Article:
Scout out healthy choices at the eateries in your area (create a menu book and circle the healthy foods in advance). Keep the menus in your Internet bookmarks, desk drawer or locker. Also, call and ask the restaurant the following: "Will you make special orders? Is this dish fried? Is it cooked with oil or butter? Can you steam the vegetables or fish? What do you use to make the sauce? Can you prepare it without the cheese/sauce? Can you serve the sauce on the side? How many ounces is the serving of beef, chicken or fish? Do you offer any other healthy choices that are not listed on the menu?"
Don't be embarrassed about making special requests. You are the only one who will suffer if you don’t.
Once you compile your list of approved restaurants and healthy menu choices, you can be even more organized and create a phone or online order list of your top selections. Better yet, prearrange a delivery or pick-up time with a few places for certain days of the week. That way, you'll never find yourself so hungry that you scarf down a few slices of the stuffed-crust pizza your officemates just ordered. Keep in mind, you can check online menus and set up deliveries for many restaurants. If you’re in a large city, there are even menu aggregators such as grubhub.com or menupages.com
There are lots of ways to eat out, have a good time stuffing your face, and still eat healthfully. Start by picking places that offer healthy choices. Also, follow a few of these tips:
- Limit mayo, tartar sauce, creamy dressings and extra cheese.
- Ask for dressing, sauces, butter or sour cream on the side.
- Use mustard, ketchup, salt, pepper or vinegar as fat-free ways to season your food.
- Watch nuts, croutons and other salad add-ons.
- Chicken and fish are good choices only if they're grilled or broiled, NOT breaded or deep-fried.
- Avoid large portions. Split your entrée with a co-worker, or ask for a half portion.
- Read the menu. Avoid any of the following words: a la mode, au gratin (covered with cheese), battered, bisque, breaded, buttered, cheese sauce, creamy or rich, crispy, deep-fried, deluxe, fried, hollandaise (sauce made with butter and egg yolks), jumbo, nuts, scalloped, sautéed (unless you make a special request for it to be prepared in a small amount of oil) and tempura.
- Don't be afraid to ask questions or make special requests.
-Liquor is fattening and also causes you to eat more by lowering your inhibitions.
Healthy snacks help to ensure that you have enough fuel to keep going throughout the day. Try nuts, which are nutrient powerhouses; air-popped popcorn or healthy bars such as CLIF C Bars, made exclusively from organically grown fruits and nuts, or Larabars. Clearly, the best snacks are fruits and veggies. Keep a bowl of fruit on your desk. You might even wind up encouraging others in your office to “snack healthy.” Research shows that you eat more than twice as much food when it's left out on your desk as you do when it's kept behind closed doors. So keep candy and other unhealthy snacks out of sight.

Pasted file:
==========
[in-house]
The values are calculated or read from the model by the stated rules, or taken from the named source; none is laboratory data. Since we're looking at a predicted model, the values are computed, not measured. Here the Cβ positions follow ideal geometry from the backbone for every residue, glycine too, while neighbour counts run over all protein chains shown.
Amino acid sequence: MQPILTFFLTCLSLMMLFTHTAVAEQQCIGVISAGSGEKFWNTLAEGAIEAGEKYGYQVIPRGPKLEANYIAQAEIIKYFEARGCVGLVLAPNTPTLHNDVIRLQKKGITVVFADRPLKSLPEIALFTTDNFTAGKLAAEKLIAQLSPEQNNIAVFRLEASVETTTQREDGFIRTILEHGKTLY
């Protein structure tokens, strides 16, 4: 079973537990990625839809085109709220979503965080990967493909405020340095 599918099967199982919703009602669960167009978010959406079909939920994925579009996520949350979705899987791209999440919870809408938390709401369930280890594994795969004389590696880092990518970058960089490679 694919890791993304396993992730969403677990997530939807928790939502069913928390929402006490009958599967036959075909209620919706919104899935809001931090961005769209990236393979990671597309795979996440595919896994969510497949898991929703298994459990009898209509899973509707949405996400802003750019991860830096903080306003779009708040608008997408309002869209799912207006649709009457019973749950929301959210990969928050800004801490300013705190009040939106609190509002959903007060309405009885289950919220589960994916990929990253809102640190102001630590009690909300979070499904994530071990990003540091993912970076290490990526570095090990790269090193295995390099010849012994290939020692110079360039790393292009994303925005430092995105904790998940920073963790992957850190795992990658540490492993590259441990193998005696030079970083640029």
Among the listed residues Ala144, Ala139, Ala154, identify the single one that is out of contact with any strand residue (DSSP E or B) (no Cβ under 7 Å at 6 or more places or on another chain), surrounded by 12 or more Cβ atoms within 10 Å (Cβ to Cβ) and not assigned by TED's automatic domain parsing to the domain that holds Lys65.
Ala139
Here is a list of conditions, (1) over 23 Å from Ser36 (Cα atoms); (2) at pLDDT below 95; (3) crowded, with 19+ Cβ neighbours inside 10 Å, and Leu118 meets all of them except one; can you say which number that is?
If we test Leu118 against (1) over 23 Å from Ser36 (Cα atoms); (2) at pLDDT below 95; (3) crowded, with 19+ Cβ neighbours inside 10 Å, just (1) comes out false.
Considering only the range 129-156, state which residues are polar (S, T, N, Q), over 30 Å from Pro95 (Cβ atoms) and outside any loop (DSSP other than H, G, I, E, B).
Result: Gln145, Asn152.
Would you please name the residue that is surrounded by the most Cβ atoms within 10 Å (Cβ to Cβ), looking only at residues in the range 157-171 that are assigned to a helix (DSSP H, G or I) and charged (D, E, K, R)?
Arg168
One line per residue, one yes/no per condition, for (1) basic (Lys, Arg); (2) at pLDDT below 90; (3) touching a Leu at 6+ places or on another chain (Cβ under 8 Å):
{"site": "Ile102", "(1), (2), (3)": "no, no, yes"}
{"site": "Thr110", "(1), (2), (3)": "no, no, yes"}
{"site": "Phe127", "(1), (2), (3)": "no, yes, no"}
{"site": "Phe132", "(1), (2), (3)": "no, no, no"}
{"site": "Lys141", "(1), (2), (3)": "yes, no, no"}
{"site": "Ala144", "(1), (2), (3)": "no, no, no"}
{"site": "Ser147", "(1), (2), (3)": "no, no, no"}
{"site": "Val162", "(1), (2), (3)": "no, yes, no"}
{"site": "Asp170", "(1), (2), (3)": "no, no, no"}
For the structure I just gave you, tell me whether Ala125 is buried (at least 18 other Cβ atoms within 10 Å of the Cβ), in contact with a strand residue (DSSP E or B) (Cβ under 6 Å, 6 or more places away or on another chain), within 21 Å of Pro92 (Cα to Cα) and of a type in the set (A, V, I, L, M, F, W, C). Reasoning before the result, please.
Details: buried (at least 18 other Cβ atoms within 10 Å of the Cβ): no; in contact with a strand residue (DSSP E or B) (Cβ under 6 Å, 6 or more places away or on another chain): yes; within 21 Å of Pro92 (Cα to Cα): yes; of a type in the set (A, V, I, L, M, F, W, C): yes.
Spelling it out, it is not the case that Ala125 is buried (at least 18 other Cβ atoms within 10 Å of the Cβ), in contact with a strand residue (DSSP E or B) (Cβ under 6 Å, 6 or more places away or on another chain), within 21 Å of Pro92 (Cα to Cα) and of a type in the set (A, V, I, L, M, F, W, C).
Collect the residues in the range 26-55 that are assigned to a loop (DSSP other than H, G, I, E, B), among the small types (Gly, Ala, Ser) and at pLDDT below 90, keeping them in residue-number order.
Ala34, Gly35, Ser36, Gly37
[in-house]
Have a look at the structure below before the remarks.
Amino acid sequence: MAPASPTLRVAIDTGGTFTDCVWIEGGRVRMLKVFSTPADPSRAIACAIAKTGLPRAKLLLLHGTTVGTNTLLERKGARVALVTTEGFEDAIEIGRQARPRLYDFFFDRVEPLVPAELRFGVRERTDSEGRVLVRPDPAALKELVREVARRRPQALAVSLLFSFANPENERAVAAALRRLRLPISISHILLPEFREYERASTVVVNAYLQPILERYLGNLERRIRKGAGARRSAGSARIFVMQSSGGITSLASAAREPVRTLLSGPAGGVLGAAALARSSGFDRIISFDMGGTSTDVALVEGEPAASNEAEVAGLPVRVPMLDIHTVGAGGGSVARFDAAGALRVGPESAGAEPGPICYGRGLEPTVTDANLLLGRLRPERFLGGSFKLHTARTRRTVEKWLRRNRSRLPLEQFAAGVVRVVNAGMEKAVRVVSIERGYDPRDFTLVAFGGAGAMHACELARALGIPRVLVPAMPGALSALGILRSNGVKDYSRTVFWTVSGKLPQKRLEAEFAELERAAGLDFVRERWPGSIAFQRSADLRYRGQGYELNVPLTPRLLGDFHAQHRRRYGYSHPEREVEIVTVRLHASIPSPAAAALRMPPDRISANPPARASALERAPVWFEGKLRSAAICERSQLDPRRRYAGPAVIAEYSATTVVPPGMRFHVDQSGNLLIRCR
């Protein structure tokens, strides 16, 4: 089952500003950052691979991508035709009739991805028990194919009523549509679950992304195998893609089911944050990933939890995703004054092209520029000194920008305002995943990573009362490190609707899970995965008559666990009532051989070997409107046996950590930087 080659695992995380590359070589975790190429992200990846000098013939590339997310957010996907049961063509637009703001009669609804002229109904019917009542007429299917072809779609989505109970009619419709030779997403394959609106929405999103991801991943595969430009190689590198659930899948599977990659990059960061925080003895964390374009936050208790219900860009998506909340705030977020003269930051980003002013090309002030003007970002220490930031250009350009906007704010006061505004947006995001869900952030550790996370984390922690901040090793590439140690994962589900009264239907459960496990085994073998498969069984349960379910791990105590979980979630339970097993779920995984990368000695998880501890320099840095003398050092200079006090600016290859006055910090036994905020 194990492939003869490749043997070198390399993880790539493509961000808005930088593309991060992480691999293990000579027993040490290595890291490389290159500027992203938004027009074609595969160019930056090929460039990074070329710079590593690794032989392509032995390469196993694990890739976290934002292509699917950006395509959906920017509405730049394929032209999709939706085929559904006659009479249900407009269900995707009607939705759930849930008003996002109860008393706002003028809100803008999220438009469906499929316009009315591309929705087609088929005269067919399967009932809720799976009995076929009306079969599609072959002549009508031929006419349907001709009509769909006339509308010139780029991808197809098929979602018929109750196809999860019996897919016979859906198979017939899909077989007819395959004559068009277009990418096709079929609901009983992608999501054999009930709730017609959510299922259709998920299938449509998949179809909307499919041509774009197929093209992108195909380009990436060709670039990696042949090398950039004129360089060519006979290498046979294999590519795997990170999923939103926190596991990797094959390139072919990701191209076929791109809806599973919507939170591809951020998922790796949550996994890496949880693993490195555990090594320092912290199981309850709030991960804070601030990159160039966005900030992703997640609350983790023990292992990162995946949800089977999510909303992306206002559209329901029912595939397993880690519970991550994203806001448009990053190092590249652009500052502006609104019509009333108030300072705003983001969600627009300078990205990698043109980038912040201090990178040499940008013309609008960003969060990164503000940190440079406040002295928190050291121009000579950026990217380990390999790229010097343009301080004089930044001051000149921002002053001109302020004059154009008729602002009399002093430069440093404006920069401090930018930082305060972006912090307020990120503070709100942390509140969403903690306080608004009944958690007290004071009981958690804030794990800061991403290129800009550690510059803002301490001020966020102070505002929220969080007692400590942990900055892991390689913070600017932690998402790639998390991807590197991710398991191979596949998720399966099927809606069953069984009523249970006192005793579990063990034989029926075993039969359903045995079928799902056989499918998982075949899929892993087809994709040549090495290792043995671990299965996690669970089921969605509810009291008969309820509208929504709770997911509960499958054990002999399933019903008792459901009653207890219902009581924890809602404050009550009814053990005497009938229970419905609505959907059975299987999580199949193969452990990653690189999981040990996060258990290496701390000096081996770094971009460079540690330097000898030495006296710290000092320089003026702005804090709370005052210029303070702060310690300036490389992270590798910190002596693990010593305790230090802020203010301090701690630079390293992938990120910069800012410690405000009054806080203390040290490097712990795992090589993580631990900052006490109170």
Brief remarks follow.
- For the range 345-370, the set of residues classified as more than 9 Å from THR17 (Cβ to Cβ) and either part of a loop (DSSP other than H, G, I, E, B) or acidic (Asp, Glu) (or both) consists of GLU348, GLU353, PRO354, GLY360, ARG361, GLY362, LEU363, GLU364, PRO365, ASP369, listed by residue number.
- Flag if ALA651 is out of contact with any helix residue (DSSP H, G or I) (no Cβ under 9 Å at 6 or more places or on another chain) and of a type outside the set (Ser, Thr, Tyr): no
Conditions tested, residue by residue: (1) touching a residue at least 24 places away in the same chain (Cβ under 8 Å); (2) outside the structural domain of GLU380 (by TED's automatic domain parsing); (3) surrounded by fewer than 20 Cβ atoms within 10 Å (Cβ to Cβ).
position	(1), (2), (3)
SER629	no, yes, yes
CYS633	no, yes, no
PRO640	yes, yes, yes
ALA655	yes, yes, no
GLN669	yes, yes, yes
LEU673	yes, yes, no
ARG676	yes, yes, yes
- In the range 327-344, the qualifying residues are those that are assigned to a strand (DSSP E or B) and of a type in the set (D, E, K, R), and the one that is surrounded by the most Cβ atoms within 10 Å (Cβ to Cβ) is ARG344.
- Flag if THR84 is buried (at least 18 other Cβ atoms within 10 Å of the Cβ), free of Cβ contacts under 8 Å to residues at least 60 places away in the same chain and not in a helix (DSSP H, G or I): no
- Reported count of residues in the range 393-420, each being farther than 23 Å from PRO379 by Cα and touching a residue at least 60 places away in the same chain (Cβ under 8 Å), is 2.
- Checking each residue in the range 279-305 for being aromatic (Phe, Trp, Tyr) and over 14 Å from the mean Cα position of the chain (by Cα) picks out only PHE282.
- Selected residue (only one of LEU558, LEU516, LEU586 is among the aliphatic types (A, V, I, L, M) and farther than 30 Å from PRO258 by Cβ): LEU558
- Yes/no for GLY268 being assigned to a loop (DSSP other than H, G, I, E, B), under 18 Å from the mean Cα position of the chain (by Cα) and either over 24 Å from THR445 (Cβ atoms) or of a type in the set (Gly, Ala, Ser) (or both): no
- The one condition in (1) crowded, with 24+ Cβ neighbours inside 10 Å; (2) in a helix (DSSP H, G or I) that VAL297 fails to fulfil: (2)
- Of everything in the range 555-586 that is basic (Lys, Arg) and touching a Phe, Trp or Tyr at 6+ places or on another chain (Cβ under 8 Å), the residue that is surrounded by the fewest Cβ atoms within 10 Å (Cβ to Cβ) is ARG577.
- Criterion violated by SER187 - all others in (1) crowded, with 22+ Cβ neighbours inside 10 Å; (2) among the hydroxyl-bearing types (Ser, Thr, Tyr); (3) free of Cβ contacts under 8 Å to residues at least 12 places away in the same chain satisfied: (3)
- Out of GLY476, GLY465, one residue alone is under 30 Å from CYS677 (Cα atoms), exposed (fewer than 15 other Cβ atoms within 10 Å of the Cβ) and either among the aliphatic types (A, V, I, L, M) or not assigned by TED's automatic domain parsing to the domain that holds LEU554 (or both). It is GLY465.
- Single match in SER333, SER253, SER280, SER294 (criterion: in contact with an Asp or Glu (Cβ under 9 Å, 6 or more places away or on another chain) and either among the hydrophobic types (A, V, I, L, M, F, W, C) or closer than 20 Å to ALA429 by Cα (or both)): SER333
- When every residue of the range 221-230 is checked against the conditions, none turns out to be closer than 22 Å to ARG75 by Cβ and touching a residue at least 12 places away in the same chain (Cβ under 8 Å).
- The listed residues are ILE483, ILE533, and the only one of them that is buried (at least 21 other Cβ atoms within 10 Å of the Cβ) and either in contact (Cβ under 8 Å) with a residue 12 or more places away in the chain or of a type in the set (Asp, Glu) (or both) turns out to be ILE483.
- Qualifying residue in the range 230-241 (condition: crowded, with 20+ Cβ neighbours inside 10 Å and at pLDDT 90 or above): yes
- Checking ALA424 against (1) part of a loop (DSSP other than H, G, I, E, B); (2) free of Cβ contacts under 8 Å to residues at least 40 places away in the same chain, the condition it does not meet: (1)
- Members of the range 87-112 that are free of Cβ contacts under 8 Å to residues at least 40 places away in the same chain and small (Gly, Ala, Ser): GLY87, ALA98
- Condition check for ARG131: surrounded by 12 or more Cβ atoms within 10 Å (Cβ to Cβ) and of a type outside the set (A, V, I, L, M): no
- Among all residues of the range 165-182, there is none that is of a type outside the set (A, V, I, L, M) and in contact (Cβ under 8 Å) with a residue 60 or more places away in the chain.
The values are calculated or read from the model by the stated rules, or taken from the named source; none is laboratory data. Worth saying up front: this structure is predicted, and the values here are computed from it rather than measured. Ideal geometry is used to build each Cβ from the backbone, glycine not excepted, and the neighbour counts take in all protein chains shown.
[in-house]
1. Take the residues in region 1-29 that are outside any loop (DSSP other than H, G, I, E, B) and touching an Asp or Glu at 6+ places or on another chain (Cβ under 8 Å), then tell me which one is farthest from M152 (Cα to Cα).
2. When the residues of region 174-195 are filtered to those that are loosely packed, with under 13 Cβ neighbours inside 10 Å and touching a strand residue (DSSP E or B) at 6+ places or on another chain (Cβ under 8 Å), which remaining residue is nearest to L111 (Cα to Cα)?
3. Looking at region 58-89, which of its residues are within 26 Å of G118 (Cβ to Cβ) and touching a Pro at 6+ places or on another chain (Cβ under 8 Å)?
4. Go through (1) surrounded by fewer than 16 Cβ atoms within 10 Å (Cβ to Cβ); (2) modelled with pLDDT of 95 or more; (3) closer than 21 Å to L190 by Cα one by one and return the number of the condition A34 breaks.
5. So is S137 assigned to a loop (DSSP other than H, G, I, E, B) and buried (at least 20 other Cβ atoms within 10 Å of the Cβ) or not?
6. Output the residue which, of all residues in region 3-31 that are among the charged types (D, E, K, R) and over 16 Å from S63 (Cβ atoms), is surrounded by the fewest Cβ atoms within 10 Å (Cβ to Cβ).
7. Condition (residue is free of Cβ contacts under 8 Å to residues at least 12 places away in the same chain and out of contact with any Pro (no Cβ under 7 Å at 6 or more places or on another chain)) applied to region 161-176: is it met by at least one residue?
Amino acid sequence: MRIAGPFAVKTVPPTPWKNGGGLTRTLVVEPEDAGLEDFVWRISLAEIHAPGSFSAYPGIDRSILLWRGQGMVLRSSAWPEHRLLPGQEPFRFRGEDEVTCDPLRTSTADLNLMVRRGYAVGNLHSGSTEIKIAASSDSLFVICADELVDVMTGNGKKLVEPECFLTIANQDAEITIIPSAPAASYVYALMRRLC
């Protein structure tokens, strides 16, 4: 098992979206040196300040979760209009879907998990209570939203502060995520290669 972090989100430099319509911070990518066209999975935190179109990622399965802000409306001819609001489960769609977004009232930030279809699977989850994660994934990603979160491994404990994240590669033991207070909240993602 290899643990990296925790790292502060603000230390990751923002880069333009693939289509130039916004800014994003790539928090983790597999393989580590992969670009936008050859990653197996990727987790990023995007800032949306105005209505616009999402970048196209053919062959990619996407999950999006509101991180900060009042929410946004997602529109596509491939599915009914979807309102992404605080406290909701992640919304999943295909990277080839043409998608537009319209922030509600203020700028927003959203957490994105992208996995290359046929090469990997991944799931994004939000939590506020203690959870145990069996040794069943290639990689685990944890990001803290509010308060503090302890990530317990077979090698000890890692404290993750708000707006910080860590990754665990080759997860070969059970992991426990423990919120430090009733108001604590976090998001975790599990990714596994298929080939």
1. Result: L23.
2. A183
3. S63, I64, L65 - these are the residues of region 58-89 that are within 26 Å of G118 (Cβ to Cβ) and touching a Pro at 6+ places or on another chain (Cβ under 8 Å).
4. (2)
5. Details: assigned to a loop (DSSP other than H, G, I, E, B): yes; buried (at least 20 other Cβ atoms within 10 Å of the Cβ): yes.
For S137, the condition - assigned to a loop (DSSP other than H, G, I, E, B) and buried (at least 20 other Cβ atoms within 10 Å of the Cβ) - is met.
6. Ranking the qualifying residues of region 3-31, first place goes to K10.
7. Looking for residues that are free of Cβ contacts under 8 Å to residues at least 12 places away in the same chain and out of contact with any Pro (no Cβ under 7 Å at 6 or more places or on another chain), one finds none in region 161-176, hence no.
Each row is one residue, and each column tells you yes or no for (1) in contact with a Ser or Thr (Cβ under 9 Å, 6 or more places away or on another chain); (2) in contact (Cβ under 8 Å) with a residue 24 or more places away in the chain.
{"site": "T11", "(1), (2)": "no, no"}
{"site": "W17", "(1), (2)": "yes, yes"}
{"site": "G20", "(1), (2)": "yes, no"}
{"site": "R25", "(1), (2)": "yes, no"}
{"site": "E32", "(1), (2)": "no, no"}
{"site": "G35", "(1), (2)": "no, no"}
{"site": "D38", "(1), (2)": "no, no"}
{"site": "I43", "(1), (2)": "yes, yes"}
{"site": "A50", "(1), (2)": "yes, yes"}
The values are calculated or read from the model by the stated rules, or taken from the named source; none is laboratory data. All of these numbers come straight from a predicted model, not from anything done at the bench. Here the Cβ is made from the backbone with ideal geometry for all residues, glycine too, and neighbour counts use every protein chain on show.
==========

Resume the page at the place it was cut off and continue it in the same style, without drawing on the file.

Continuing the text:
Learn to seek out healthy alternatives in the vending machines. They’re becoming more and more common. Some vending companies even mark the healthier options, including real fruit – try to get your company to change what’s in their machines if they haven’t already done so. If the healthier options are not clear, choose the nuts or seeds.
Make It Social and Bet
There's strength in numbers! Team up with a co-worker who is also determined to lose weight. An office diet buddy can provide you with emotional support and reminders. Exchange recipes. Share information by taking turns looking up nutrition facts about a food you both like and help one another make better and more interesting choices.
You can also organize a betting pool. Betting on whether you can actually lose weight, exercise and get in shape can make it fun. Take a look at Stickk.com, fatbet.net and makemoneylosingweight.com
Most offices are breeding grounds for nibbling just because the foods are there. But a nibble here and there can easily add up to more than a meal. To combat temptation and empower yourself, set some ground rules, and have alternatives or limitations set up in advance for celebrations involving cookies, pizza or bagels.
CHARLES PLATKIN, Ph.D., M.P.H., THE DIET DETECTIVE is one of the country's leading nutrition and public health advocates, whose syndicated health, nutrition and fitness column, the Diet Detective appears in more than 100 daily newspapers and media outlets nationally. Dr. Platkin is also the founder of DietDetective.com, which offers nutrition, food, and fitness information. Platkin is a health expert and blogger featured on Everydayhealth.com, Active.com and Fitnessmagazine.com. Additionally, Platkin is a Distinguished Lecturer at the Hunter College School of Urban Public Health and CUNY School of Public Health in New York City.
The information provided on this site is designed to support, not replace, the relationship that exists between a patient/site visitor and his/her existing physician.